How to clone a hard drive in Win2k?
May 20, 2004 10:40 AM   Subscribe

Another boooooring computer question - sorry!

How do I clone a HD in a win2k system? My system's boot hd is a 20g 5400 rpm. I'd like to swap it for a 20 g 7200 rpm which is sitting at the moment in an external firewire enclosure. I also have 150g in an internal RAID array.

More inside ...

I've been looking up stuff on google for several hours now. I've found this free app which does it

However, several questions remain. First of all, I want to make clear that, if at all possible, I'd like to clone the HD while the target is still in the external firewire enclosure, then do the actual physical swap.

One of the reasons for that is that I am not sure if the CPU's power supply is going to be able to deliver the extra amps required. I could unplug the data-only raid disks for the time being. Which points to reason 2 to do it while the HD os in the enclosure: keeping the physical messing around and potential BIOS changes to a minimum (for comfort's sake ony, I built the system so I am not intimidated by it at all).

From what I've read, it seems like the actual cloning necessarily involves a re-booting step(s) which are required to make the target bootable as well. To that extent, the firewire drive appears in the win2k disk management utility as a logical drive in an extended partition. While xxclone complains about it not being bootable and the necessity to boot from a third disk.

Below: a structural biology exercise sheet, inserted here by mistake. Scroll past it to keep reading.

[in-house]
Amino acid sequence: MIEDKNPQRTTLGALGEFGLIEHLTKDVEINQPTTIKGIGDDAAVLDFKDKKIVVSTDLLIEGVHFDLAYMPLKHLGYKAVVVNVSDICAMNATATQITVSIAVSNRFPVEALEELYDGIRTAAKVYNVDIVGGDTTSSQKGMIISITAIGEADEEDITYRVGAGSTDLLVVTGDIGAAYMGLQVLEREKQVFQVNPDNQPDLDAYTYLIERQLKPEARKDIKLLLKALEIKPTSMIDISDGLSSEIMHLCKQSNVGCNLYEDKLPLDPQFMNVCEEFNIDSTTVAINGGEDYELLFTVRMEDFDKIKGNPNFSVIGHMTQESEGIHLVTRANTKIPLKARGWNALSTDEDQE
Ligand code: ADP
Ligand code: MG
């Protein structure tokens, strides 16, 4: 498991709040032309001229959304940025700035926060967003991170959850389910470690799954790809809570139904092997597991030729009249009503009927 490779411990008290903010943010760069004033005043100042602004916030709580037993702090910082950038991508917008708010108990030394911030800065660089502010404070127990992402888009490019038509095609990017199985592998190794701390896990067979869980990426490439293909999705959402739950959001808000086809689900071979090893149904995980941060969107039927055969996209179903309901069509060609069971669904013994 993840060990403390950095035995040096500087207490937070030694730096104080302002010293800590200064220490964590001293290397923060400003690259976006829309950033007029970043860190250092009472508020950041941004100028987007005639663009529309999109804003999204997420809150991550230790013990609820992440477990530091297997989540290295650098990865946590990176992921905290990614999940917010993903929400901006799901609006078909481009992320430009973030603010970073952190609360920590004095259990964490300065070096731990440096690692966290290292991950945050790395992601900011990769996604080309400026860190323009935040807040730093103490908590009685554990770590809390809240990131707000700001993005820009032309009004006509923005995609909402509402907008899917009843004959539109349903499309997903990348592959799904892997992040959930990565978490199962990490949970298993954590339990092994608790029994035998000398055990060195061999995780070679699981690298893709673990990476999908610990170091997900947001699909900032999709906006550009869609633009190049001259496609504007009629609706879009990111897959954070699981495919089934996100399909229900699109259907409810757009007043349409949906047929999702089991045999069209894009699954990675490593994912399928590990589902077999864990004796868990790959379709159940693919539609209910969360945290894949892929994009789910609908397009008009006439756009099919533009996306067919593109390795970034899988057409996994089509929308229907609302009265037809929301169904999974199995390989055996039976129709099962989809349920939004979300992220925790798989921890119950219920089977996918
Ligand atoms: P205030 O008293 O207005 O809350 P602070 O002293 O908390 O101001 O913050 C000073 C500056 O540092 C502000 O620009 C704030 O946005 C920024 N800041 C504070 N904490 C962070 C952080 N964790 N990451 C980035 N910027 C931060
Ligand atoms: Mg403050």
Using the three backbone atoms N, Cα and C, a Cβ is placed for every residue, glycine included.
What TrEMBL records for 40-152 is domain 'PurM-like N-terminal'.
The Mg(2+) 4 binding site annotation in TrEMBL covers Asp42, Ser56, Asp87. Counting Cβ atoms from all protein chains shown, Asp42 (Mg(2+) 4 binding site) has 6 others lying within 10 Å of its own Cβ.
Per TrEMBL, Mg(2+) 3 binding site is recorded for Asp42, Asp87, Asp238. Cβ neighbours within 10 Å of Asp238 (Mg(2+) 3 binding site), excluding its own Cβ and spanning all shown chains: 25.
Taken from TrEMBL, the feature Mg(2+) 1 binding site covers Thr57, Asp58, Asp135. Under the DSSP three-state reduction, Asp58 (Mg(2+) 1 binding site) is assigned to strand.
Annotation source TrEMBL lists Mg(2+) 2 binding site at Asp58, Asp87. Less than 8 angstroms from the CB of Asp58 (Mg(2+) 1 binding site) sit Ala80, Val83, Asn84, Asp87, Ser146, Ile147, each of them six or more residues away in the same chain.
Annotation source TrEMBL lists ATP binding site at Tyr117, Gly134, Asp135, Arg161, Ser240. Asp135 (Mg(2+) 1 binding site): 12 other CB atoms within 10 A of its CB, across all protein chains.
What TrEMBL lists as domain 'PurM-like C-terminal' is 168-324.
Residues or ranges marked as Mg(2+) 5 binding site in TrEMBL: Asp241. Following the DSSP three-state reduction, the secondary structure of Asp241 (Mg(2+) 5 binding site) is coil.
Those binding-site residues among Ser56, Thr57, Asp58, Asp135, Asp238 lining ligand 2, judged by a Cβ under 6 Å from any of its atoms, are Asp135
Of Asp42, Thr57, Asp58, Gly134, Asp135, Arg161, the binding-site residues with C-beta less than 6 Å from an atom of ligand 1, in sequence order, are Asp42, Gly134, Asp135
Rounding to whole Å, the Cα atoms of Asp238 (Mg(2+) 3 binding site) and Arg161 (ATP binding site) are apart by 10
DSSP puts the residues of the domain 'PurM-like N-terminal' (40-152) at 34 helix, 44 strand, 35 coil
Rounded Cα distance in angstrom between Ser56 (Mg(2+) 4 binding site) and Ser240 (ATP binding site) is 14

Both drives are formatted using FAT32 ... and ideally the end result would see the computer booting from the 7200 rpm drive while the 5400 would be placed in the external firewire enclosure and reformatted. Oh, and the box has no diskette drives, only CD-R and DVD-R ones (needless to say, I can boot from them if necessary, and also create a boot disk).

Any sequential description of the process would be greatly appreciated.
posted by magullo to Computers & Internet (5 answers total)
I just used this product last night:

Is this enough of a sequential description?
posted by sequential at 11:21 AM on May 20, 2004

Response by poster: 8?)

Thanks, but I was also hoping to avoid the image step. I know I'm being a tiny bit picky, but I don't understand why the request is so unreasonable. If the standard is copy+compression, why is a simple dump such a hassle?

/Maybe a "why" question rather than a "how-to" one ...
posted by magullo at 11:41 AM on May 20, 2004

It does support "copy disk to disk". I just checked in the user interface for you. Though I haven't tried it, I believe it does exactly what you are describing.

This product is rumored to be just as good, but does not have a demo version.
posted by sequential at 11:52 AM on May 20, 2004

Use Norton Ghost. I haven't had much luck with Powerquest's products. From this page:

Norton Ghost 2003 and Symantec Ghost 8.0 are compatible with devices that connect to your computer through a FireWire connection.

It's not free of course. I could suggest ED2K or Bittorrent or, but that would be wrong.
posted by estey at 12:38 PM on May 20, 2004

Also you don't have to worry about not having enough juice left in the power supply should you want to take the drive out of the enclosure and then clone. All you need is an old AT power supply (the kind that actually has a power switch (those were the days)) and you set that outside of your case and plug it in to the wall. Then take a power cable off that AT power supply and plug it into the drive that needs power. Works great.
posted by estey at 12:53 PM on May 20, 2004

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